U.S. Department of Health and Human Services

Diverticulosis and Diverticulitis

​​Definition and Facts for Diverticulosis and Diverticulitis
Diverticulosis is a condition that occurs when small pouches, or sacs, form and push outward through weak spots in the wall of your colon. In diverticulitis, one or a few of the pouches in the wall of your colon become inflamed.
Symptoms and Causes of Diverticulosis and Diverticulitis
Most people with diverticulosis do not have symptoms. Symptoms may include constipation, diarrhea, abdominal pain, or bloating. Diverticulitis most often causes abdominal pain, which is usually severe. Experts are not sure what causes these conditions.
​​​​Diagnosis of Diverticulosis and Diverticulitis
Your doctor may notice pouches in your colon wall while performing tests for other reasons. If you have symptoms that suggest diverticulosis or diverticulitis, your doctor may ask about your medical history and perform a physical exam and tests.
​​​​​Treatment for Diverticulosis and Diverticulitis
Treatments for diverticulosis include fiber, medicines, and probiotics. Treatments for diverticulitis include rest, oral antibiotics, and a liquid diet. If your diverticulitis causes problems, you may need additional treatments.
​​Eating, Diet, and Nutrition for Diverticulosis and Diverticulitis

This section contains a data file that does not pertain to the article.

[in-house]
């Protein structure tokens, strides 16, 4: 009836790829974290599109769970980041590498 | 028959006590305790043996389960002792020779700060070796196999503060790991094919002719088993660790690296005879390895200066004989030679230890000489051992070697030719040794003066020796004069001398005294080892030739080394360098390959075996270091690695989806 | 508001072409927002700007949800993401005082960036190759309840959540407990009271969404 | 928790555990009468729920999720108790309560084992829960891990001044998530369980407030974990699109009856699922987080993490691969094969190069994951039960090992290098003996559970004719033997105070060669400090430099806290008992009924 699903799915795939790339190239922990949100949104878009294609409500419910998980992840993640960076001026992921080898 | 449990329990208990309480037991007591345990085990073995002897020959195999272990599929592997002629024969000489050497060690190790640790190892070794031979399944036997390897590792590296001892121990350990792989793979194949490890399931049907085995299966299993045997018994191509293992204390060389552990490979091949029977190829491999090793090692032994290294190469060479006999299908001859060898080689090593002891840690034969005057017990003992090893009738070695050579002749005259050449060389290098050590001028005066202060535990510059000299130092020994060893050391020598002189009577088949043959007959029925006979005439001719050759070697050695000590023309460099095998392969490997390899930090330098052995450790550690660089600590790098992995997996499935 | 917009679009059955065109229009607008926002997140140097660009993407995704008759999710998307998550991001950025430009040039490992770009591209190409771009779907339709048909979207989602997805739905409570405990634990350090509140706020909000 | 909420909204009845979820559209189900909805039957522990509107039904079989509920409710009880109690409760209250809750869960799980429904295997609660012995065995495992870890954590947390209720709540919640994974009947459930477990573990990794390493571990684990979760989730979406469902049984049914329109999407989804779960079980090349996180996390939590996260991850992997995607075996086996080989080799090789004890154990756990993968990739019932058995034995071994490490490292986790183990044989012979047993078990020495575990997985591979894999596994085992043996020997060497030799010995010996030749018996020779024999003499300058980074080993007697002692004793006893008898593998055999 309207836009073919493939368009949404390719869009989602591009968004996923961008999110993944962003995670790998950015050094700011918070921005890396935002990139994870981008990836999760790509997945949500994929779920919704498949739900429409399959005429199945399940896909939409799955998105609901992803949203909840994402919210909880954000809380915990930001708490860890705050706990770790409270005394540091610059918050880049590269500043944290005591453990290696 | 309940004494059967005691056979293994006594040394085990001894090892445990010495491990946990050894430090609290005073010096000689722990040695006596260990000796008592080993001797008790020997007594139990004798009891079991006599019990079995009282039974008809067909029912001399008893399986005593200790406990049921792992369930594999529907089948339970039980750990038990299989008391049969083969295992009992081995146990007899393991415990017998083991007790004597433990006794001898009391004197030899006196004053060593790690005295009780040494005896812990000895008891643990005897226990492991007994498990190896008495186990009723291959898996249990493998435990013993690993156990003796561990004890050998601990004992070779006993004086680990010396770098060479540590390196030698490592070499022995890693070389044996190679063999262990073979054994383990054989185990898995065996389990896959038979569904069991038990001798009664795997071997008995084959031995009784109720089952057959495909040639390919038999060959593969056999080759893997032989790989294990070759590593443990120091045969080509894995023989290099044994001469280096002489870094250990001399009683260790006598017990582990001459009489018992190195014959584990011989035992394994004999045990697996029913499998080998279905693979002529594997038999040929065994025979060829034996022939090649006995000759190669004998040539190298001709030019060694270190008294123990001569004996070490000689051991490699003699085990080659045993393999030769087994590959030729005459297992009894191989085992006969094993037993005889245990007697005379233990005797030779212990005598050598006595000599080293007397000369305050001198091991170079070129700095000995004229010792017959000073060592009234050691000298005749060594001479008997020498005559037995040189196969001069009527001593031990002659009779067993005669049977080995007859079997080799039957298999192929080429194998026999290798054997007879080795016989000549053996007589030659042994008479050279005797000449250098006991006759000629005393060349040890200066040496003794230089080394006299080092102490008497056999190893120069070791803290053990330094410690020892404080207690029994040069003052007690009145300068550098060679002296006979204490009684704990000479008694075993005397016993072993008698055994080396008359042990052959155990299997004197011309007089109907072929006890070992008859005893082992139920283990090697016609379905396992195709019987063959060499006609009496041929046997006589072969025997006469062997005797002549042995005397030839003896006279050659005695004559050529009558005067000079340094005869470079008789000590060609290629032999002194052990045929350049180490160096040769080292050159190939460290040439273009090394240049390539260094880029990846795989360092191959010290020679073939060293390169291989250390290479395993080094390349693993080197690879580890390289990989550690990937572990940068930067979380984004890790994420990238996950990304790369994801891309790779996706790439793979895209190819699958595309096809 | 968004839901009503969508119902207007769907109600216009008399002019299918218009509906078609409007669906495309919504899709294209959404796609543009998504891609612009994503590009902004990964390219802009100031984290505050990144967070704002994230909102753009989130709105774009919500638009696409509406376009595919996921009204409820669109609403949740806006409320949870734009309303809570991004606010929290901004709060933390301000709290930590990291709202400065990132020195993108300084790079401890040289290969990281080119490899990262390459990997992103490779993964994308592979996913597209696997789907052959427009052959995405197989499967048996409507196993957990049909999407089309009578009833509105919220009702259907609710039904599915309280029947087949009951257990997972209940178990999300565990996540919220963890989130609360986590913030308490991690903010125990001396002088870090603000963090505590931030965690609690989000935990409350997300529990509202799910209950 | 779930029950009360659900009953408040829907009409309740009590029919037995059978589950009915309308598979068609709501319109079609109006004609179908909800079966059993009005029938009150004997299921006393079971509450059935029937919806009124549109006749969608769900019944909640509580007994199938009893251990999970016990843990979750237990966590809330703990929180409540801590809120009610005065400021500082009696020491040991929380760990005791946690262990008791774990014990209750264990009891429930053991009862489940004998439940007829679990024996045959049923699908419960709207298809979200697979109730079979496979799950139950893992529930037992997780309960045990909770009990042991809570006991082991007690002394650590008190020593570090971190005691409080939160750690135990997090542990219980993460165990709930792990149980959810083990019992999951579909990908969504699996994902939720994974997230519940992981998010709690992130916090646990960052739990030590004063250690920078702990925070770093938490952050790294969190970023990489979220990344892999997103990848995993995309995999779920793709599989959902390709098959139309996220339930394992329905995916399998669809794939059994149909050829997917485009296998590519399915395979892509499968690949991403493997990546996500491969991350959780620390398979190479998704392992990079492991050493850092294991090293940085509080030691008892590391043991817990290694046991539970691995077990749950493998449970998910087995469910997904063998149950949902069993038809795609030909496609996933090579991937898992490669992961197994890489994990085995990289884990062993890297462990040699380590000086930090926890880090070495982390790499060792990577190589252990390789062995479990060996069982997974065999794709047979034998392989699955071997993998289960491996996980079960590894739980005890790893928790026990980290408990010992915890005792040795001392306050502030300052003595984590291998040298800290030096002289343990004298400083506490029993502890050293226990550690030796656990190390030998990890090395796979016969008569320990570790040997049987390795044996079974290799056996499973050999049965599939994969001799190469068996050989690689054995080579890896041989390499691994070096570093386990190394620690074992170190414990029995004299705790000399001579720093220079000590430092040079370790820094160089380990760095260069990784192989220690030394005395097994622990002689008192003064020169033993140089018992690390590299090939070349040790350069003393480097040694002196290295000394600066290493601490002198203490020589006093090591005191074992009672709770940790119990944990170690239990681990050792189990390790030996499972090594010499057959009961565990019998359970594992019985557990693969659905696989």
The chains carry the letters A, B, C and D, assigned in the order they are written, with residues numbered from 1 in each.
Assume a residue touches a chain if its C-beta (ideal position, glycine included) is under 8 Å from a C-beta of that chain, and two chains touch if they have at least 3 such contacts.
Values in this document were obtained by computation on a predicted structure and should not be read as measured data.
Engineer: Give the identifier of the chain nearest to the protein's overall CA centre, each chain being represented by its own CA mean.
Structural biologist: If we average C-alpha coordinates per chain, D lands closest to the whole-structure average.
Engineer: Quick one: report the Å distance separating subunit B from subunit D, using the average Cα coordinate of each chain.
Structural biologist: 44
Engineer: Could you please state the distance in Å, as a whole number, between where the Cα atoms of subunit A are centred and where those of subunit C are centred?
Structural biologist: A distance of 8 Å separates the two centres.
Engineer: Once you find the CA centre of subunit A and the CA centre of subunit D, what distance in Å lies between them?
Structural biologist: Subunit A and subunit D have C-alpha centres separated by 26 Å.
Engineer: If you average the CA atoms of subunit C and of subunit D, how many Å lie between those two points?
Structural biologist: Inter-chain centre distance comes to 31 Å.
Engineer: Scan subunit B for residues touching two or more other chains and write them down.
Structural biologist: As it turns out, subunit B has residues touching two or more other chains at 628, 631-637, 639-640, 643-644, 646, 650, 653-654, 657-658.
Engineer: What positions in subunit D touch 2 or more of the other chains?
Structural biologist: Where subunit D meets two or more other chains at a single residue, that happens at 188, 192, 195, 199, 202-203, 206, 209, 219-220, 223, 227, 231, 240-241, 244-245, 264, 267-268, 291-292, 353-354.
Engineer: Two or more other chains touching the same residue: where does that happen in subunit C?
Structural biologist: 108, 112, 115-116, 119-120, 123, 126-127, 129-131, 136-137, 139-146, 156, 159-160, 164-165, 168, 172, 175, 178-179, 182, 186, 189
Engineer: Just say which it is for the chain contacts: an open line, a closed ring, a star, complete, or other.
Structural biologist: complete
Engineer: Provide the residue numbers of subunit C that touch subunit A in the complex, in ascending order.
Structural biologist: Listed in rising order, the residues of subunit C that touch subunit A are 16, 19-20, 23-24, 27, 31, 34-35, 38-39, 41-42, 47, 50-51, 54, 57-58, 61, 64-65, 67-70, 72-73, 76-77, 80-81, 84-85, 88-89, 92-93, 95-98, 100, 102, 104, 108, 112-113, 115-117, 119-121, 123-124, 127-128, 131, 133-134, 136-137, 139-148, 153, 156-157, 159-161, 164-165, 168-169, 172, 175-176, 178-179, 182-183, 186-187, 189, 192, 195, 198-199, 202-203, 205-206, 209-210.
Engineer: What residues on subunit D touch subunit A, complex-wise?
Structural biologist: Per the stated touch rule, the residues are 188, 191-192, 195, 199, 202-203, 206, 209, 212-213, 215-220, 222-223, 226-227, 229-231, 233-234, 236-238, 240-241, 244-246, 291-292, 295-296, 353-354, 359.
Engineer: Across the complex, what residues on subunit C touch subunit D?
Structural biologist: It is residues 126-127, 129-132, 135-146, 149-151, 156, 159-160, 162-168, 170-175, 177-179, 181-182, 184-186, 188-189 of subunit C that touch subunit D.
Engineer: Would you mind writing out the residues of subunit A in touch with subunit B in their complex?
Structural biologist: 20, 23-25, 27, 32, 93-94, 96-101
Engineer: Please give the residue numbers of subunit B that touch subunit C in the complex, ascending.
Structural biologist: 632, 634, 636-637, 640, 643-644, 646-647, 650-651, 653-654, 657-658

If you have diverticulosis or if you have had diverticulitis in the past, your doctor may recommend eating more foods that are high in fiber. Some of the best sources of fiber include fruit; vegetables, particularly starchy ones; and whole grains.
​​​Clinical Trials for Diverticulosis and Diverticulitis
The National Institute of Diabetes and Digestive and Kidney Diseases (NIDDK) and other components of the National Institutes of Health (NIH) conduct and support research into many diseases and conditions.
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This content is provided as a service of the National Institute of Diabetes and Digestive and Kidney Diseases (NIDDK), part of the National Institutes of Health. The NIDDK translates and disseminates research findings through its clearinghouses and education programs to increase knowledge and understanding about health and disease among patients, health professionals, and the public. Content produced by the NIDDK is carefully reviewed by NIDDK scientists and other experts. 
 
The NIDDK would like to thank:
Lisa L. Strate, M.D., M.P.H., University of Washington School of Medicine, Harborview Medical Center
 
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